One of the biggest problems faced by firms who wish to collude or predate is how to signal their intentions to rivals when ordinary communication is illegal. Unfortunately for regulators, the formal rules of auctions often solve firms' problem by defining a "language" that bidders can use to communicate with each other.
Klemperer (2002a) gives many examples, including a multi-license US spectrum auction in 1996 to 1997, in which US West was competing vigorously with McLeod for lot number 378 — a license in Rochester, Minnesota. Although most bids in the auction had been in exact thousands of dollars, US West bid $313,378 and $62,378 for two licenses in Iowa in which it had earlier shown no interest, overbidding McLeod, who had seemed to be the uncontested high-bidder for these licenses. McLeod got the point that it was being punished for competing in Rochester, and dropped out of that market. Since McLeod made subsequent higher bids on the Iowa licenses, the "punishment" bids cost US West nothing (see Cramton and Schwartz, 2000).
This is at page 16 (paragraph break added, footnote omitted). Also, from page 17, footnote 54:
Another favourite example of bidders' ability to "collude" in a "one-off" ascending auction was provided by the 1999 German DCS-1800 auction: ten blocks of spectrum were sold, with the rule that any new bid on a block had to exceed the previous high bid at least 10 per cent. There were just two credible bidders: the two largest German mobile-phone companies, T-Mobil[e] and Mannesman[n]; and Mannesman[n]'s first bids were DM18.18 million per megahertz on blocks one to five and DM20 million per MHz on blocks six to ten.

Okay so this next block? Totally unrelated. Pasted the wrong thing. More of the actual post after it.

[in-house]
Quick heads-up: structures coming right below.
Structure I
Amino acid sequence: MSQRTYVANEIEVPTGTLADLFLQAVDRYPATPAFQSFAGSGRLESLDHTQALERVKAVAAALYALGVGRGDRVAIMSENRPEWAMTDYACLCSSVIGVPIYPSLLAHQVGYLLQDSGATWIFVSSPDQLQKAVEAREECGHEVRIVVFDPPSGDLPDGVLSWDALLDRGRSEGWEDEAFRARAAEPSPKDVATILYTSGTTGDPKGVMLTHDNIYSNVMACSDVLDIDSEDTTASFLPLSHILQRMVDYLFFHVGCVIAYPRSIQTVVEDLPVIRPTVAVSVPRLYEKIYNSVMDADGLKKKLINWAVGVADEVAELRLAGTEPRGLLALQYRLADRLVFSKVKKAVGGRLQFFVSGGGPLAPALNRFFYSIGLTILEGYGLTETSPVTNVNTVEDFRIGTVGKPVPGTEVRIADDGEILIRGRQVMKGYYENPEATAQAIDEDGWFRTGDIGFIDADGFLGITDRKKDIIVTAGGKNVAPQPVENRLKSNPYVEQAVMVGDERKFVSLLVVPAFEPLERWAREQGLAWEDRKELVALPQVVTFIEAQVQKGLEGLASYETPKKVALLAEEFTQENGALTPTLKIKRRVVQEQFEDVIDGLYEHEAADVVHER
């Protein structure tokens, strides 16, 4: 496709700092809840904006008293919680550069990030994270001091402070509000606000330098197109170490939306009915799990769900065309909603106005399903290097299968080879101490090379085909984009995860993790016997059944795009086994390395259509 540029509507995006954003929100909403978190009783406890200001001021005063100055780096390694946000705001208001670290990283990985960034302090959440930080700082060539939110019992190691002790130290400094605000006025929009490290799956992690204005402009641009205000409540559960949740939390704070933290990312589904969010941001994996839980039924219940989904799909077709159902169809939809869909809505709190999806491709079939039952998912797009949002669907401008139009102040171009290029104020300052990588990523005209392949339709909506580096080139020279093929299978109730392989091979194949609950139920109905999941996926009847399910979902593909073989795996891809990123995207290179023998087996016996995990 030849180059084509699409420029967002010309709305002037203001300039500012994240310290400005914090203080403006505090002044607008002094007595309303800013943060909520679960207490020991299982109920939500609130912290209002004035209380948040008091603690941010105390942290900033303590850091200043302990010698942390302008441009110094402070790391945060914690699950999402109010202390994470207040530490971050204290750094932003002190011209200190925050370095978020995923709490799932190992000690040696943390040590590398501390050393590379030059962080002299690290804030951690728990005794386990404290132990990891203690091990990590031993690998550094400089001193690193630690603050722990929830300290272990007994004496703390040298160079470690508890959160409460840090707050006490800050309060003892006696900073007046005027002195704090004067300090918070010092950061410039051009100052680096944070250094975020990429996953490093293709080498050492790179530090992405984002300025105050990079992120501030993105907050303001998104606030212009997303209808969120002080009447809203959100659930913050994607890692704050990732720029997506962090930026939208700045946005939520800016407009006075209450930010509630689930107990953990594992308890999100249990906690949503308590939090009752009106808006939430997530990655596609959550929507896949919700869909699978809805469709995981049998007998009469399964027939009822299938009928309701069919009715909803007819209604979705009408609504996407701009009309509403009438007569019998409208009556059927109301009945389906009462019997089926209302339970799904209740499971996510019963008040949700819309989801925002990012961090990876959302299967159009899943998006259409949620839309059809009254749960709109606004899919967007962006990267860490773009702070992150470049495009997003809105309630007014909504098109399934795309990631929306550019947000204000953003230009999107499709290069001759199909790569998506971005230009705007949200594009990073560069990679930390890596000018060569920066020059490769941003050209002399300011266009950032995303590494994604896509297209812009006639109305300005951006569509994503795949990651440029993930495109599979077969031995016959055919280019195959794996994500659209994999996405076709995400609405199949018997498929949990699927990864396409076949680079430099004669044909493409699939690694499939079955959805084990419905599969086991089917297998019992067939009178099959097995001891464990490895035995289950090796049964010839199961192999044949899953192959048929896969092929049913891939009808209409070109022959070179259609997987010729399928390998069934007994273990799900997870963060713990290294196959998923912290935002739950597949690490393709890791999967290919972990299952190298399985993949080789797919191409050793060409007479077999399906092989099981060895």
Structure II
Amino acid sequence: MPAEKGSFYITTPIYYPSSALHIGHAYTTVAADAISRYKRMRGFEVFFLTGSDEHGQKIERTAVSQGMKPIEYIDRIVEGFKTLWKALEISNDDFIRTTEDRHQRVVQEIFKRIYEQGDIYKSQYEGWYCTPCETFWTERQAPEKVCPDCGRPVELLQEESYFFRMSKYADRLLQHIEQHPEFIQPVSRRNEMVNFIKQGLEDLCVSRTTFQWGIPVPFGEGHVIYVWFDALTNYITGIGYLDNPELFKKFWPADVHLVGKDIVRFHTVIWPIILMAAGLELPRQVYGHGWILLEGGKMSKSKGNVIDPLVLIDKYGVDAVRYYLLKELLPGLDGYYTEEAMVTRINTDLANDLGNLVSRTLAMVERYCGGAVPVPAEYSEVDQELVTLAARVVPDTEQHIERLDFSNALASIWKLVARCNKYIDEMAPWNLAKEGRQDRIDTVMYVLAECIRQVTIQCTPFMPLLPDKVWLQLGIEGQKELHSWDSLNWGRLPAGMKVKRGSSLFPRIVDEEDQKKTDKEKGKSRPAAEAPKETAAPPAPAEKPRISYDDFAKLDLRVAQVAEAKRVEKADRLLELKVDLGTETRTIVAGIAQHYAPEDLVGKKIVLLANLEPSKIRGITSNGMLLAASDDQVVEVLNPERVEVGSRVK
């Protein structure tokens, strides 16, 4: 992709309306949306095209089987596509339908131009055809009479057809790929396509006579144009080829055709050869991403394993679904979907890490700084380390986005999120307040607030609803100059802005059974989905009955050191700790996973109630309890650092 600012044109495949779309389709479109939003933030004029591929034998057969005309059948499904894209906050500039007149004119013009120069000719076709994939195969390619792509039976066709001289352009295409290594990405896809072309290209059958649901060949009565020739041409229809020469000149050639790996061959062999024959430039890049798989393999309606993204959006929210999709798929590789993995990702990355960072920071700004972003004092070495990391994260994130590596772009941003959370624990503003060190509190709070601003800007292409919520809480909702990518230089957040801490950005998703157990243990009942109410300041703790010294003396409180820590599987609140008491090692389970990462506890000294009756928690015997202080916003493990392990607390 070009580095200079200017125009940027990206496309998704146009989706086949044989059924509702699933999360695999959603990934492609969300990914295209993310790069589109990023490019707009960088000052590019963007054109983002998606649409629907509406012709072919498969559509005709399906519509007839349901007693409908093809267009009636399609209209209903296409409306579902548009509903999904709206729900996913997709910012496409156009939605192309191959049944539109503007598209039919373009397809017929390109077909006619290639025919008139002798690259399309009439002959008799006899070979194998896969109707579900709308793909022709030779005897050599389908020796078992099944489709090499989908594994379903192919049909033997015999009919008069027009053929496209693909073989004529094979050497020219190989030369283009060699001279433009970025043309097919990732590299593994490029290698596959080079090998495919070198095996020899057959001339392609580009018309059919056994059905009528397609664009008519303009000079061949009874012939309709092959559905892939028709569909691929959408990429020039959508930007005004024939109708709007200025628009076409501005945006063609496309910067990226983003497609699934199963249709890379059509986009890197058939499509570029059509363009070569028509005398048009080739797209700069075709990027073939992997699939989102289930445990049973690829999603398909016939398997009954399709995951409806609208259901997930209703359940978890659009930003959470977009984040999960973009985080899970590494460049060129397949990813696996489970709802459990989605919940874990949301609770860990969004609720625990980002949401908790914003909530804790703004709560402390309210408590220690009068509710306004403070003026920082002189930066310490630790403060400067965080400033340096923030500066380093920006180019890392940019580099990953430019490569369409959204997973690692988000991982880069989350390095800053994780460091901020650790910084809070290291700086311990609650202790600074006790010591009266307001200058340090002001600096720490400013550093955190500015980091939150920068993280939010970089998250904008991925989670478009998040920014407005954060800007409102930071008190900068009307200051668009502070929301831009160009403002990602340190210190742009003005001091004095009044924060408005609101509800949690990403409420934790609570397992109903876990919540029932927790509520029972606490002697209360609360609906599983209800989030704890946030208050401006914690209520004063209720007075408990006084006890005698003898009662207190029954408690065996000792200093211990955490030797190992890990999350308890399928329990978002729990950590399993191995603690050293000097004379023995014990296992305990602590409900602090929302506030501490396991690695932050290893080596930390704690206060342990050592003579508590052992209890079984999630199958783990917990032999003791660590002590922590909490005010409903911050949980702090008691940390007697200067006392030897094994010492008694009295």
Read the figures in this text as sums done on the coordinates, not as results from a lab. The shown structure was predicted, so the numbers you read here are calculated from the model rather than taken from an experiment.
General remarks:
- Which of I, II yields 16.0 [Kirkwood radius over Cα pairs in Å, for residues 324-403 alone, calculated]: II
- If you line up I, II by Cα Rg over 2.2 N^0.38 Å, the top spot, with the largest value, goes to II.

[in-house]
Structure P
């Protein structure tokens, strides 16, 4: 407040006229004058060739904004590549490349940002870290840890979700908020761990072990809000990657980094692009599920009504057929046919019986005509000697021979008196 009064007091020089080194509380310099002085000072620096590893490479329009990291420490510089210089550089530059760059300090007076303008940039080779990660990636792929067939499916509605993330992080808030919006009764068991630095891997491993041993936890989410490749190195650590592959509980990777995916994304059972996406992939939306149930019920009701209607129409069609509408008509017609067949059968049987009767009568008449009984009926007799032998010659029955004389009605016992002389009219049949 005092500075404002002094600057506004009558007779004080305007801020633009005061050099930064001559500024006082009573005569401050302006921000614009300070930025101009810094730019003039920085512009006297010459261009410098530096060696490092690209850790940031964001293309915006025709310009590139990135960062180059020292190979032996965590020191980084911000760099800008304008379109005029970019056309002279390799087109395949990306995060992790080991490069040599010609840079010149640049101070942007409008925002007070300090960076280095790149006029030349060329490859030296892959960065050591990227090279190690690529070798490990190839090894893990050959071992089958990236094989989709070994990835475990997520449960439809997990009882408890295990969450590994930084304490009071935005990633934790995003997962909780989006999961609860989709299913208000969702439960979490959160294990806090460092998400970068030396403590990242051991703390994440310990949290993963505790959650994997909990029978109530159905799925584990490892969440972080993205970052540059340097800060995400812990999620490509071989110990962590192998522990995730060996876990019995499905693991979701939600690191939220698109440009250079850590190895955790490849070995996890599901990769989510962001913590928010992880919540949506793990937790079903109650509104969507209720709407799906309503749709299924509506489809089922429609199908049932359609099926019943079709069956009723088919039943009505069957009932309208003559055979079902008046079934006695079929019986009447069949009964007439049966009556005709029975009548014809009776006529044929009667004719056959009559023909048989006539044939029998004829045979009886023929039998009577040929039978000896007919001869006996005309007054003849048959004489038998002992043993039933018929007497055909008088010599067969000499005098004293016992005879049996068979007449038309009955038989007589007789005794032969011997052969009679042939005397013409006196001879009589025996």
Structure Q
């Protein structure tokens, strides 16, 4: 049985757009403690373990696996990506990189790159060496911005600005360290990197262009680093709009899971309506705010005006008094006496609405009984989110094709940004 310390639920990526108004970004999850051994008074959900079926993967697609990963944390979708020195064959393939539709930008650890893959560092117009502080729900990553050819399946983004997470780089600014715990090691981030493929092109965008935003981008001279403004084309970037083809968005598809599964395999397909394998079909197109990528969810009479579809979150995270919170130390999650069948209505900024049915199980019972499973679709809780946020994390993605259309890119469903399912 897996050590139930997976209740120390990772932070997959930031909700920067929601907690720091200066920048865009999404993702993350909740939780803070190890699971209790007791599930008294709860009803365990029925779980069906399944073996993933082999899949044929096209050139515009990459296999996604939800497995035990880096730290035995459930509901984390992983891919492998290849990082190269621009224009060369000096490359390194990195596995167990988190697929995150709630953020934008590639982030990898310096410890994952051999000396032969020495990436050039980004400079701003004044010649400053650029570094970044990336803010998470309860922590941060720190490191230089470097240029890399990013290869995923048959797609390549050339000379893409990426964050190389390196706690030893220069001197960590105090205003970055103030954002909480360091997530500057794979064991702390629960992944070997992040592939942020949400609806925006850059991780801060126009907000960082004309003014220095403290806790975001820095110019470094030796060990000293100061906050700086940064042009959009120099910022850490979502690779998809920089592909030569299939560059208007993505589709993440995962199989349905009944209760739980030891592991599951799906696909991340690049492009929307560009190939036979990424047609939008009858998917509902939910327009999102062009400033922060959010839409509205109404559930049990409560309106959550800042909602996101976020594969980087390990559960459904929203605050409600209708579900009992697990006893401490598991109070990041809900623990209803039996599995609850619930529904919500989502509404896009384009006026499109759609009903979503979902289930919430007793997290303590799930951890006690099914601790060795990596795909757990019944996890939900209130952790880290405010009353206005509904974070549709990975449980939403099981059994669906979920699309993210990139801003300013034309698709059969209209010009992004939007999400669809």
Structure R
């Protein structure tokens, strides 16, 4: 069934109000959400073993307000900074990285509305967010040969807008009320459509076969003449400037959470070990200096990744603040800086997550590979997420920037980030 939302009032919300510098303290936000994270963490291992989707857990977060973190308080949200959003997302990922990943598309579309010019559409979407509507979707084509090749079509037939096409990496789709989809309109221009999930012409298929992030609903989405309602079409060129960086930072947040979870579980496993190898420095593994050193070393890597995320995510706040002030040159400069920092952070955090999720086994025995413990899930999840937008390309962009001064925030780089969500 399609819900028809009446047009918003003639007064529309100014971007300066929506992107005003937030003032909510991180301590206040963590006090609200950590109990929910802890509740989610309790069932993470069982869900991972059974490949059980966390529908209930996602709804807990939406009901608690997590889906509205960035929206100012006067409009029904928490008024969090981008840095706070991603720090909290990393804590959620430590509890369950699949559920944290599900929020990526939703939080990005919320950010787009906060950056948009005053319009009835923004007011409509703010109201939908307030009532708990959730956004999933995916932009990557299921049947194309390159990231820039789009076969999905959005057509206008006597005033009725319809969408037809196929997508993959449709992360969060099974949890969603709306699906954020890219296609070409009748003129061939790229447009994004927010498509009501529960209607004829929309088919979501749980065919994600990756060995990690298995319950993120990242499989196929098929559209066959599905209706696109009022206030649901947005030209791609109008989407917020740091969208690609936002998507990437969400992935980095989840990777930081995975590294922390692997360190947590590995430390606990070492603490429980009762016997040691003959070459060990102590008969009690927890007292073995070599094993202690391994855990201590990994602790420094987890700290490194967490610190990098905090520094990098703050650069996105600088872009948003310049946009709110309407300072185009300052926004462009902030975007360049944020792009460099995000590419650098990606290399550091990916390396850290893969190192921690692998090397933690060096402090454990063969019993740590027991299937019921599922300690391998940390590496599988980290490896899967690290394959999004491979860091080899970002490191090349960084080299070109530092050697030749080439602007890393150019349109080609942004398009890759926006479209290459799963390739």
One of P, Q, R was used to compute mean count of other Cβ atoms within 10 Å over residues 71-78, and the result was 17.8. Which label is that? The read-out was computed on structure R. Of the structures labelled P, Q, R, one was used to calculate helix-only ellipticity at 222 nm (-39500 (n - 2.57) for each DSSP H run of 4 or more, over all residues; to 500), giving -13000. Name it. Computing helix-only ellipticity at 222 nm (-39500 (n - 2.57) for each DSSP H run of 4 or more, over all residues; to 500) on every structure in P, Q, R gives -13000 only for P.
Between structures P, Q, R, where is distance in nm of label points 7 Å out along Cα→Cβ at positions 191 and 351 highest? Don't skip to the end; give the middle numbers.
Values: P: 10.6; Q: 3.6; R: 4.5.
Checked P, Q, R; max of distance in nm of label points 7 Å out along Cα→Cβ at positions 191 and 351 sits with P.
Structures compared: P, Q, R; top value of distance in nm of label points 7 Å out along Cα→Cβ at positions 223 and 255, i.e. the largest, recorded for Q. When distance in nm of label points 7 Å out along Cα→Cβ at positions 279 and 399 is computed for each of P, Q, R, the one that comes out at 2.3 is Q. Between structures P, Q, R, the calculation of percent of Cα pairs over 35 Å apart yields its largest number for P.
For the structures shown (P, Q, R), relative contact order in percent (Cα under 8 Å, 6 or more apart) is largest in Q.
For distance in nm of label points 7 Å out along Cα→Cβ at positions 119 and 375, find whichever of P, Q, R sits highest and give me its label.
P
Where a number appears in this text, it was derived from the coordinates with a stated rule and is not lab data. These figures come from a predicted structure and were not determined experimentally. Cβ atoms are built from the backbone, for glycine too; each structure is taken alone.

T-Mobil[e] — who bid even less in the first round — later said "There were no agreements with Mannesman[n]. But [we] interpreted Mannesman[n]'s first bid as an offer" (Stuewe, 1999, p. 13). The point is that 18.18 plus a 10 per cent raise equals 20.00. Clearly T-Mobil[e] understood that if it bid DM20 million per MHz on blocks one to five, but did not bid again on blocks six to ten, the two companies would then live and let live with neither company challenging the other on the other's half. Exactly that happened. So the auction closed after just two rounds with each of the bidders acquiring half the blocks for the same low price, which was a small fraction of the valuations that the bidders actually placed on the blocks.
This is how to have fun with secret decoder rings!
UPDATE: Klemperer adds (p. 18) that the danger of such collusion can be exaggerated. "[B]idders often seem more imaginative in their attempts to signal than in their understanding of others' signals — as usual, something is much more obvious after it has been explained."
First footnote (59): "It is often entertaining to hear after an auction what bidders thought they were communicating. Though I'm not sure I fully believe the southern European bidding team who explained that its bid in a major auction had an obvious interpretation from the Bible, the dumbfounded and horrified reactions of the northern European consultants who had spent considerable effort trying to decode the bid at the time were a treat to behold. Culture matters."
Second footnote (60): "Another problem is when there is more than one bidder who thinks it is, or should be, the leader coordinating the others. See Klemperer (2002d, 2003a)."